This Wedding Designer Is On Every Trendsetter’s Radar Right Now
Every woman has a different idea of what they'll wear when they walk down the aisle. For some, it's about the glamorous ball gown, but for others, there's a move toward a more contemporary look. To help meet that demand, the last fews years have seen the emergence of a number of alternative wedding dress designers that are taking a non-traditional approach to wedding-day dressing — both in design, and in the way the clothes are intended to be worn.
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These labels are approaching the design process in thoughtful, and at times unexpected ways. "Bespoke is a big driver of my business, explains Meredith Stoecklein, the founder of LEIN. "LEIN pieces aren't meant to gather dust in a box after the wedding day, and can be incorporated back into your closet." This means an exploration into non-traditional cuts and colors, all tailored to a bride's own interests and sense of style. Other brands are embracing this same idea through customization and mixing and matching of pre-made designs, like with the Amsale x You collection. "Brides can browse through our design library and pair their favorite bodice with the skirt that best fits their personality," explains Margo Lafontaine, design director at Amsale. "In the end, they’re creating their own definition of a dream dress that’s true to their style."
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Now that bridal fashion week has wrapped in New York, it's clear that the industry is shifting, the future of bridal is less about saying yes to a cookie cutter dress, but more about embracing a bridal look that fits your personality and wedding — traditional or not. For more insight on how the industry is changing, below see four designers that are challenging the traditional perspective on bridal wear.
When Stoecklein founded LEIN in 2016, she tapped into her roots at brands like Zac Posen and Narciso Rodriguez to create a different point of view around bridal wear. "My background is not only ready-to-wear, but also menswear. I design from a practicality standpoint," she notes. In addition to her seasonal collections, Stoecklein also has a strong bespoke dress business, where brides can collaborate on looks for the rehearsal, ceremony, afterparty and beyond.
For the Fall/Winter 2020 collection, Stoecklein focused on looks that not only fit the LEIN women on her wedding day, but can also transition to everyday life. "There are pieces in my closet that I wear in one city but not another. I wanted to create versatile pieces to wear in different places, spaces, and times in my life," she says. "Introducing beadwork and fringe, this collection has a bit more softness and romanticism than past seasons. It's in a nude, white, and black color palette. Not all wedding dresses are white, and I love showcasing a style in an alternative color."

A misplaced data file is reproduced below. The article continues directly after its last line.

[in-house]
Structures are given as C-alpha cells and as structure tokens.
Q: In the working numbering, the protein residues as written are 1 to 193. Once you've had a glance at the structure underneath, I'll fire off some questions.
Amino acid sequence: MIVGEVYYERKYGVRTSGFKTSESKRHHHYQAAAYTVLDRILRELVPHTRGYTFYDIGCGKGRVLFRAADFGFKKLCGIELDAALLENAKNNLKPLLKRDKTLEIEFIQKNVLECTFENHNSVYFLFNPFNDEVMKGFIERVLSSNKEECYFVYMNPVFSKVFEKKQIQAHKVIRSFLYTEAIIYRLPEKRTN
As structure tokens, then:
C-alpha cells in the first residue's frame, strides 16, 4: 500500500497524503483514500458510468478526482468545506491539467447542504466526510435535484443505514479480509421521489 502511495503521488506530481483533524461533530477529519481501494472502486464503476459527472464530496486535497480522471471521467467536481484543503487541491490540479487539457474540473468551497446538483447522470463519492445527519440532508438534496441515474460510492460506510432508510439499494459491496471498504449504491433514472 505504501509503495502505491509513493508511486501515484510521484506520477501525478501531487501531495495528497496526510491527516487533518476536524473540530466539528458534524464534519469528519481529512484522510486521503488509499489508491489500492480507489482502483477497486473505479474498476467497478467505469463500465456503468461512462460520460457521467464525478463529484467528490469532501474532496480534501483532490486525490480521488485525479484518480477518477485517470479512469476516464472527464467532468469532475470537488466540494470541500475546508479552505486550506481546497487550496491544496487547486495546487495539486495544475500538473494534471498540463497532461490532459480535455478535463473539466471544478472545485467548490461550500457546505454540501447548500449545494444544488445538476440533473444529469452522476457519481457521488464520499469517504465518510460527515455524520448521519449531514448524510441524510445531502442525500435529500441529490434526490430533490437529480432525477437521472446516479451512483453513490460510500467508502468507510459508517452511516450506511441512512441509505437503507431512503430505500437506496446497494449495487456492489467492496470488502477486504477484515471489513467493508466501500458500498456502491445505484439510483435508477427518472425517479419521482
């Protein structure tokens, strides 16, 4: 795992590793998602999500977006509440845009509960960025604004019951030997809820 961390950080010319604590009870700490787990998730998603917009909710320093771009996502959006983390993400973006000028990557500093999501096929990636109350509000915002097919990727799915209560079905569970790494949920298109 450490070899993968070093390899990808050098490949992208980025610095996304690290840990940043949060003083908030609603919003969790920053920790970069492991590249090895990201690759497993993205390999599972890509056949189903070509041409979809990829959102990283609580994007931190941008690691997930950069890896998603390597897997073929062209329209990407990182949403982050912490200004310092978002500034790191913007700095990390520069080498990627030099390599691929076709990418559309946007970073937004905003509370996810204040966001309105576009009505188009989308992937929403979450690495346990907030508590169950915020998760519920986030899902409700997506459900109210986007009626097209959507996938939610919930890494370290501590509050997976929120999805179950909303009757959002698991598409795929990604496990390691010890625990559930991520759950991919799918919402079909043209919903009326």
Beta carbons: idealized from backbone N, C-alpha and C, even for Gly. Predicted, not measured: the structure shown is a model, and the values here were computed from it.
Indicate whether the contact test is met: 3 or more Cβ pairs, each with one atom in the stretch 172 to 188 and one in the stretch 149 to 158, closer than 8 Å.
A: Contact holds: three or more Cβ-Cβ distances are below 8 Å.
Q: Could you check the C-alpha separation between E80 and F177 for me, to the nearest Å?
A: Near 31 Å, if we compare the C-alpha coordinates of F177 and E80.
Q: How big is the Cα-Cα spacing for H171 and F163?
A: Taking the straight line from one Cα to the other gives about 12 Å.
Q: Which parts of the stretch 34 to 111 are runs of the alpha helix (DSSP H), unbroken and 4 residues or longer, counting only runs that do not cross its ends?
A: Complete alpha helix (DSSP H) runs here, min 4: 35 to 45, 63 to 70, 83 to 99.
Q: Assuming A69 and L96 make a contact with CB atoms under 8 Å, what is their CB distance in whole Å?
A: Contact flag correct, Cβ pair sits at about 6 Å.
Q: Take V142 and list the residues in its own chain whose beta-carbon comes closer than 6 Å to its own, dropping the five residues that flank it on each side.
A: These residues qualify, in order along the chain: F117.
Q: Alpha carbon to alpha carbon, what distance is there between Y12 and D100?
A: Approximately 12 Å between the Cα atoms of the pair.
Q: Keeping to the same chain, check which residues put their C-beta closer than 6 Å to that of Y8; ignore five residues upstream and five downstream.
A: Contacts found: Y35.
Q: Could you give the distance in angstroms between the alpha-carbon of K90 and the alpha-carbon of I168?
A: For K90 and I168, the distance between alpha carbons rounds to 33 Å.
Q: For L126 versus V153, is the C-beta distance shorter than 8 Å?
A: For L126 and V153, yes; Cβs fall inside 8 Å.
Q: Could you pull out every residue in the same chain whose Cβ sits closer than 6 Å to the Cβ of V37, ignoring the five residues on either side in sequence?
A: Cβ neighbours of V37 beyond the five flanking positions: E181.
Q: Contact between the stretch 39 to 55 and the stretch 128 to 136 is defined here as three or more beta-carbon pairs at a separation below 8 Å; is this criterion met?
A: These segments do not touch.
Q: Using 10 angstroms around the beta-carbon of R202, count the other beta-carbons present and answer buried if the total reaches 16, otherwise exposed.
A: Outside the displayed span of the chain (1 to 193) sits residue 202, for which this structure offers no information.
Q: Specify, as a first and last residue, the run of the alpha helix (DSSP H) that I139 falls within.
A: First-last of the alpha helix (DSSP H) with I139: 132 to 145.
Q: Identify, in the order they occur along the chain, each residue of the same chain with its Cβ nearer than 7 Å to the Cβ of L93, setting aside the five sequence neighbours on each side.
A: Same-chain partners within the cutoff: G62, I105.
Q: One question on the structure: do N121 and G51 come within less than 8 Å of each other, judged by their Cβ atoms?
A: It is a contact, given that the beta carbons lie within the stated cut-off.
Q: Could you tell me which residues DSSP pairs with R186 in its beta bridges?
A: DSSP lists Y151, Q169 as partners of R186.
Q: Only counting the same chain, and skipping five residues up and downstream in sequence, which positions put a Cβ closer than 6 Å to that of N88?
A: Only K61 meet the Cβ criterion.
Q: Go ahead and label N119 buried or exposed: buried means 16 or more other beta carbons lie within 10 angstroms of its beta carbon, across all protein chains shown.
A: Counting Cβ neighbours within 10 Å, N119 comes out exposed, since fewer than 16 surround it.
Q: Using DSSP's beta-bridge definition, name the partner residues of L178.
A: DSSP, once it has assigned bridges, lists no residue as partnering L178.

"My first fashion label was in women's casual wear, and as such my approach to bridal is always more from a fashion angle," founder Savannah Miller tells TZR of the eponymous line she launched in 2016. "I spent my formative design student years at Alexander McQueen, so my attraction to the avante garde was definitely ignited there. The aesthetic is contemporary and fresh rather than the traditional bridal aesthetic." For Fall 2020, Miller titled the collection Breathless, inspired by a Nick Cave song of the same name. "The juxtaposition of contemporary music and archival fashion give this collection a unique and fresh point of view," she notes adding that 1930's slip dresses were another reference point for her latest designs.
"Jenny Yoo focuses on a contemporary minimalism, illustrated with feminine details and structured silhouettes," Dina Gundy, the brand's Director Of Marketing tells TZR. "Her fresh approach to bridal fashion highlights clean lines and elevated tailoring while mixing luxe fabrications." Inspiration for the line comes from unexpected sources, "strong lines in French architecture," she notes, adding that they "blend together to seamlessly create a refined and soft romance but with statuesque shapes." When the brand launched in 2002, its focus was on bridesmaid styles, but over time, the brand has expanded into bridalwear and is now in 200 bridal salons, and can be purchased online.
"Our founder, Amsale Aberra, founded the company because she couldn’t find a bridal gown that reflected her own personal style," Lafontaine tells TZR of the NYC-based label. "Everything at the time was so overly-adorned and frilly, so she stripped all that away. Amsale’s gowns are purposefully simple, with clean lines and a singular focal point so that the bride stands out, not the dress." Like Jenny Yoo, the brand has also focused on accessories like capes and removable tulle trains to give brides the opportunity to modify a look to their own desire.